The unreached

(James) #1

Hi all,

I know there are some links to this topic on Connect but none are really helping me out.

I’m struggling to understand how those will be judged who:

  1. Won’t hear the gospel and also don’t respond to general revelation (as discussed in Romans 1 and 2).

Those who don’t respond to general revelation may have responded to special revelation, but never got the opportunity to do so simply because they didn’t hear the Gospel.

We know the depravity of the human heart, so responding to our moral compasses (general revelation) is rather challenging, we as Christians can’t even do that without Christ renewing us, so it’s not actually ‘fair’ in that sense to compare general revelation as equal to special revelation.

I have heard some offer that God has ordered the world so that those who wouldn’t respond are those in awkward geographical positions, but again is this really a satisfying answer? We see missionaries going to those types of areas and then people do respond to the Gospel, so them not being able to respond seems like a non-issue.

This is really bothering me, please can someone help me out.

Thank you in advance.

(Stephen Wuest) #2

Some personal opinions…

I think that Protestant Evangelicals are too focussed on “getting your sins forgiven.” Some identify entering the people of God (“conversion”) with God forgiving all the sins that you may ever commit. (This is not biblical – we must repent of our sins, for God to forgive them. We can’t repent of them, before we commit them.) Paul’s letter to the Galatians is all about the benefits we have in Christ, beyond having our daily sins forgiven.

There is this centuries old trend in some groups to translate the Greek sozo/swzomai as “grace.” But it really is a broad concept of the kind providence of God to save and preserve, that goes far beyond forgiving sins daily (as Jesus mentions, in his “Lord’s Prayer”). This kind providence of God is not limited by an evangelist publicly declaring the good news.

In the Psalms, we see the assertion “Where can I run and escape your Spirit?” No matter where we are, the Spirit of God is present. We should not try to artificially limit God’s power to speak to anyone, at any place, in any culture.

Paul states that God has revealed basic right and wrong, to all human beings. We may call this the conscience, or moral consciousness. We may choose to respect this knowledge, or not.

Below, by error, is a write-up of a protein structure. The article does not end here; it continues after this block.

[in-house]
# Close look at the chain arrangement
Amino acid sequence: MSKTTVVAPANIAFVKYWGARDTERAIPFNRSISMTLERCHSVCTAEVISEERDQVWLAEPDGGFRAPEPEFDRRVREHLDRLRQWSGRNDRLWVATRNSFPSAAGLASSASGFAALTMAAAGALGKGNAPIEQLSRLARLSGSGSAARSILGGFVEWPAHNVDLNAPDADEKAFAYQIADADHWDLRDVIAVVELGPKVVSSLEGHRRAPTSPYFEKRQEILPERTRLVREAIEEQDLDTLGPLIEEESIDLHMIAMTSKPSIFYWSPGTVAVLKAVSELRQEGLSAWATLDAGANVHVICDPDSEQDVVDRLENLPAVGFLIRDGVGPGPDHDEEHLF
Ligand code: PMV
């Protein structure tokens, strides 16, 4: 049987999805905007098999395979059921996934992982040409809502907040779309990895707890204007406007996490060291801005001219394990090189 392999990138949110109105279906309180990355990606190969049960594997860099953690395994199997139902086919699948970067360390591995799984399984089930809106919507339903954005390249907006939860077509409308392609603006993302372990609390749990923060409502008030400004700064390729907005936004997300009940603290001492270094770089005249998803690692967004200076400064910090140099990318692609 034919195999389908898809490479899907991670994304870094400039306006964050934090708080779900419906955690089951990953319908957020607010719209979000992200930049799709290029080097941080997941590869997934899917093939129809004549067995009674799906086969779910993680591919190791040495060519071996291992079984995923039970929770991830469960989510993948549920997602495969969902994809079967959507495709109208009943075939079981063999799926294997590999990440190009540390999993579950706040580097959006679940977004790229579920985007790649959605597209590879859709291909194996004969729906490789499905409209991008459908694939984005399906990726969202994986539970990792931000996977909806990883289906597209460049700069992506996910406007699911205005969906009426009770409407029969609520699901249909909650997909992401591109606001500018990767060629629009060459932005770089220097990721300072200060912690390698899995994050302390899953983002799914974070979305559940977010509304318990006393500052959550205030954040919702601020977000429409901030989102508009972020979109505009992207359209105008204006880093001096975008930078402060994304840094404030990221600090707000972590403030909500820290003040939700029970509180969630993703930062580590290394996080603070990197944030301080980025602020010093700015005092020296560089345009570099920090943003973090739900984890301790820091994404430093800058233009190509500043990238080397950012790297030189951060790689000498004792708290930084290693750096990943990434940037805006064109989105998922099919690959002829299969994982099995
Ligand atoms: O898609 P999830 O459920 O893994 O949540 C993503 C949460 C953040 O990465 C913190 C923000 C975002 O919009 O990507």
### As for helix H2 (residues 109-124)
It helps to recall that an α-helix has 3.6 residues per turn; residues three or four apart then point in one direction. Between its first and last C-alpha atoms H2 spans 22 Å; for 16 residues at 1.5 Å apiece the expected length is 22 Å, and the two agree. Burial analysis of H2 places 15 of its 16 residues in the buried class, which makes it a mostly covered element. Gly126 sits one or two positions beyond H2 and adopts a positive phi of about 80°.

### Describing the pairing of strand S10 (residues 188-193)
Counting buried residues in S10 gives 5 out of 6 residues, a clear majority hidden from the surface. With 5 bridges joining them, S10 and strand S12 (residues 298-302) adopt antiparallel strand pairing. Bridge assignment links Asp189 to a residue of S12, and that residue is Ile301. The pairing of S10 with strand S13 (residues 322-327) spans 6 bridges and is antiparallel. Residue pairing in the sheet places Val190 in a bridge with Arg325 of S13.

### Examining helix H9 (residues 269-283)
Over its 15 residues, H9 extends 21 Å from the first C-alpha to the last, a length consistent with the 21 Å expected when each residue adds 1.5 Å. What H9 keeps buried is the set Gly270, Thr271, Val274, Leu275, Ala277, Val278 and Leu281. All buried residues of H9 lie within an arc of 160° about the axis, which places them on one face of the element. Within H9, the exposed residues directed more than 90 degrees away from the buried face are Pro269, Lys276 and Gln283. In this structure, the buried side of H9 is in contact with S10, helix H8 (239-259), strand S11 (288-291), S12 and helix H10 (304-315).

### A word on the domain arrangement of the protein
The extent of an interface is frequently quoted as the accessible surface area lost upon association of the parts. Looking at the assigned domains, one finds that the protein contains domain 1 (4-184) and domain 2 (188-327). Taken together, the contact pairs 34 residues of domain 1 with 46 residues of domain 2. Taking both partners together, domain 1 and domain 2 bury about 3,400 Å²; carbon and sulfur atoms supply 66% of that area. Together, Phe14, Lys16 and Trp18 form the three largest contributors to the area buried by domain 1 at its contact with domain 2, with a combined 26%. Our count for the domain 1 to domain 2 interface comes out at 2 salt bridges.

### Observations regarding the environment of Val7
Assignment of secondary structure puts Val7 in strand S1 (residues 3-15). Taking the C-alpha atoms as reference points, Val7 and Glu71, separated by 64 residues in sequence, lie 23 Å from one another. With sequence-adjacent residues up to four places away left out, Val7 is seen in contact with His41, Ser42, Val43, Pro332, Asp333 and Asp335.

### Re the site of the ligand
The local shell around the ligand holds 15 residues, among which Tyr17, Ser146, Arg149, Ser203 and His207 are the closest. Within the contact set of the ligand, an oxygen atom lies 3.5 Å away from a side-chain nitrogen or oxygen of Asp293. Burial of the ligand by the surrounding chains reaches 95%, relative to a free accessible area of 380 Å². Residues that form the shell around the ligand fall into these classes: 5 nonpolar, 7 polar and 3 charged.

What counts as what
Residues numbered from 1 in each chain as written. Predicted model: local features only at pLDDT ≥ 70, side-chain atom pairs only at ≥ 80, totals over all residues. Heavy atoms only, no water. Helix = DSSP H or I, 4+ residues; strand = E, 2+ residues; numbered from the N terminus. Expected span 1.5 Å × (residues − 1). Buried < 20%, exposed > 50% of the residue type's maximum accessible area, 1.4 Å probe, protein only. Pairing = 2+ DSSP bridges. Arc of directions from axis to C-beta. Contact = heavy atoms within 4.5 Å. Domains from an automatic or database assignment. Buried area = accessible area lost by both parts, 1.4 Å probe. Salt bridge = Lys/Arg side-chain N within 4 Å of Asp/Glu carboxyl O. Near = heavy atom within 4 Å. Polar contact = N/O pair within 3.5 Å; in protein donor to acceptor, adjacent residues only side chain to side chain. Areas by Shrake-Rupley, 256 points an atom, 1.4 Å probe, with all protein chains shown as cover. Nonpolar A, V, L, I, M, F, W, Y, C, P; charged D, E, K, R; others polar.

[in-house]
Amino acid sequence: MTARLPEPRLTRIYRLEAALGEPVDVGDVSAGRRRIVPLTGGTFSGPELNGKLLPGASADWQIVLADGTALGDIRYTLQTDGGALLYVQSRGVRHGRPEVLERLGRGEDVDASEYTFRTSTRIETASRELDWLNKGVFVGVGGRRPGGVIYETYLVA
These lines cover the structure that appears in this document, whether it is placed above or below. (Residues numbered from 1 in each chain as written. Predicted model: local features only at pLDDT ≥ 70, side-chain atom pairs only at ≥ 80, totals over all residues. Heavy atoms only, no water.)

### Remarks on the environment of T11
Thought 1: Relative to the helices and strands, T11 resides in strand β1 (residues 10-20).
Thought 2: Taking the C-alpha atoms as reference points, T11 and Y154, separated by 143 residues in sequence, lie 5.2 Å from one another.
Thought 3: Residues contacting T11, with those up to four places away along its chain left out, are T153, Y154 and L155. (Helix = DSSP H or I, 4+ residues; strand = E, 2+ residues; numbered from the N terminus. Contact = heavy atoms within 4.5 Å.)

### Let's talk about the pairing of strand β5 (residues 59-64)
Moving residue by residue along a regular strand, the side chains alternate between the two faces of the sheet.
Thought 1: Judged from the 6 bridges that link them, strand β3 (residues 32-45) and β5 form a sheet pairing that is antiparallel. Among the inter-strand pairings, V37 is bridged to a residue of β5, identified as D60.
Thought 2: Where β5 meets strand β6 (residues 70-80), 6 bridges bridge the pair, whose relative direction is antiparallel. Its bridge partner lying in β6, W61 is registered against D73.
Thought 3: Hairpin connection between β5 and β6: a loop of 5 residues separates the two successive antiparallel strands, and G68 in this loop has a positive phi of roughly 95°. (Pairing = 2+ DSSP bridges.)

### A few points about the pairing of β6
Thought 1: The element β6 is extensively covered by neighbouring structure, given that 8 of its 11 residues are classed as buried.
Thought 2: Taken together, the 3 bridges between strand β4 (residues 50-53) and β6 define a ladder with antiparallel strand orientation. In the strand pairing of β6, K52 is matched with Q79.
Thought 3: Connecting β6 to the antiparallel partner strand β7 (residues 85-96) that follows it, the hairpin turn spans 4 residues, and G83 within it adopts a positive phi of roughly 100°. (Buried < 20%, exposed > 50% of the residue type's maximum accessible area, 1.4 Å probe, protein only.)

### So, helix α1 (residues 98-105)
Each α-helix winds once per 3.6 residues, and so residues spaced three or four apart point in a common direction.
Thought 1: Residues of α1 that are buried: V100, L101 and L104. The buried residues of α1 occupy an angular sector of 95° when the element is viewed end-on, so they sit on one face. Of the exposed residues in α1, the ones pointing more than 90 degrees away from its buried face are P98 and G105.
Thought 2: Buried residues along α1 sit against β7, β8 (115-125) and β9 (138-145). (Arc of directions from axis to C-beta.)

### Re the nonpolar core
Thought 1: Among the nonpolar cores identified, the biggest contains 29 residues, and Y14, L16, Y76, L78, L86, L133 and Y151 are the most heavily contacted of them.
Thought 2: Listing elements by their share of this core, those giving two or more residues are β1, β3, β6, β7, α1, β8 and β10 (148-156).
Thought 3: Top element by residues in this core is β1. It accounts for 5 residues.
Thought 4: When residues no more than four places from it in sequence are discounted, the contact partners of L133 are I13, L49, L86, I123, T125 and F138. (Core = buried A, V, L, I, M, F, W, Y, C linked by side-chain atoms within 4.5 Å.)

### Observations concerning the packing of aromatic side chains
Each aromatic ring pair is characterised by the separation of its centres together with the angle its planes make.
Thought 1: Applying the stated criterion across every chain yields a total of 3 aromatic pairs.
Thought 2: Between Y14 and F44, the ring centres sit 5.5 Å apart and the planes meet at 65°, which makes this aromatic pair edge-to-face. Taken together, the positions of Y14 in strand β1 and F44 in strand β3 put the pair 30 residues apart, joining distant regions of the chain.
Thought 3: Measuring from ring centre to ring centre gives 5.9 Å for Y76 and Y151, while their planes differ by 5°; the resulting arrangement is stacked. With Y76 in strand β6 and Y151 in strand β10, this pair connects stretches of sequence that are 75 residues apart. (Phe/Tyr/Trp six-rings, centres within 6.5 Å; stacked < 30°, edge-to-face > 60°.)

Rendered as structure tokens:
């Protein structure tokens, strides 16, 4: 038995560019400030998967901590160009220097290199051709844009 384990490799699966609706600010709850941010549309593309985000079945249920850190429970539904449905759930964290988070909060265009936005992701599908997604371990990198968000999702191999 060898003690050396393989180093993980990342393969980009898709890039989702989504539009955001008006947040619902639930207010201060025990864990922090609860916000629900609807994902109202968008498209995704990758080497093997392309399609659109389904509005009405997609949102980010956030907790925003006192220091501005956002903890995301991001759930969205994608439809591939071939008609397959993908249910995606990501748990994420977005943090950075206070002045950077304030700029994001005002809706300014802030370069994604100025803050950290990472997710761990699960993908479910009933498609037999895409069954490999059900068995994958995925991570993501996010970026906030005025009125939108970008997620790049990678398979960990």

Jesus gives us a universal promise: “Seek, and you shall find.” There are no other preconditions. This is amazing. I take it that the person who sincerely seeks, will be met with God’s kind providence.

We have Solomon’s prayer in the Old Testament, asking God that if anyone in the nations on earth prays toward Jerusalem, and the temple that Solomon has built, that God would hear their prayer. This is not a Jewish thing.

Unfortunately, some Christian groups hold to a definition of human sinfulness that goes far beyond what Paul teaches in Romans 1. Paul teaches sinfulness, AND free will. Calvin teaches sinfulness AND the lack of free will (to choose to repent). I choose to accept Paul’s view of reality. Even a fallen human being can recognize when God reveals the difference between right and wrong (this is part of the definition of “reveal”).

I would rather leave HOW we make the choice to turn from our sins, and accept forgiveness from God, to God. I don’t think that the theologians have any right to lecture God, on how his kind providence must work.

I would rather leave open the question, of what happens to someone who has never heard about the life of Jesus, but sincerely prays to God “God forgive me!” Given that the Bible says that God wishes for all to be saved/preserved, I take it that God’s kind providence will meet this person. We have the same case in the “saints” from the Old Testament, who knew nothing about the future coming of Jesus, yet benefitted from his future death to forgive their sins. All the classic references to God forgiving sins, come from the Old Testament, before Jesus was ever born.


(SeanO) #3

@Higgs I think the blunt answer is that God has not told us exactly how He is going to judge every category of unreached person. Ultimately I think we have to answer a more fundamental question, “Can I trust that God will do what is right and fair?” And I think that we can say ‘yes’ to that question because we have experienced the love of Christ.

Also, while it is another topic, not all Christians agree with the doctrine of total depravity. If people are not totally depraved, then they might respond to general revelation in varying degrees. Also, there are varying degrees of reward and punishment when Christ judges, so that could come into play.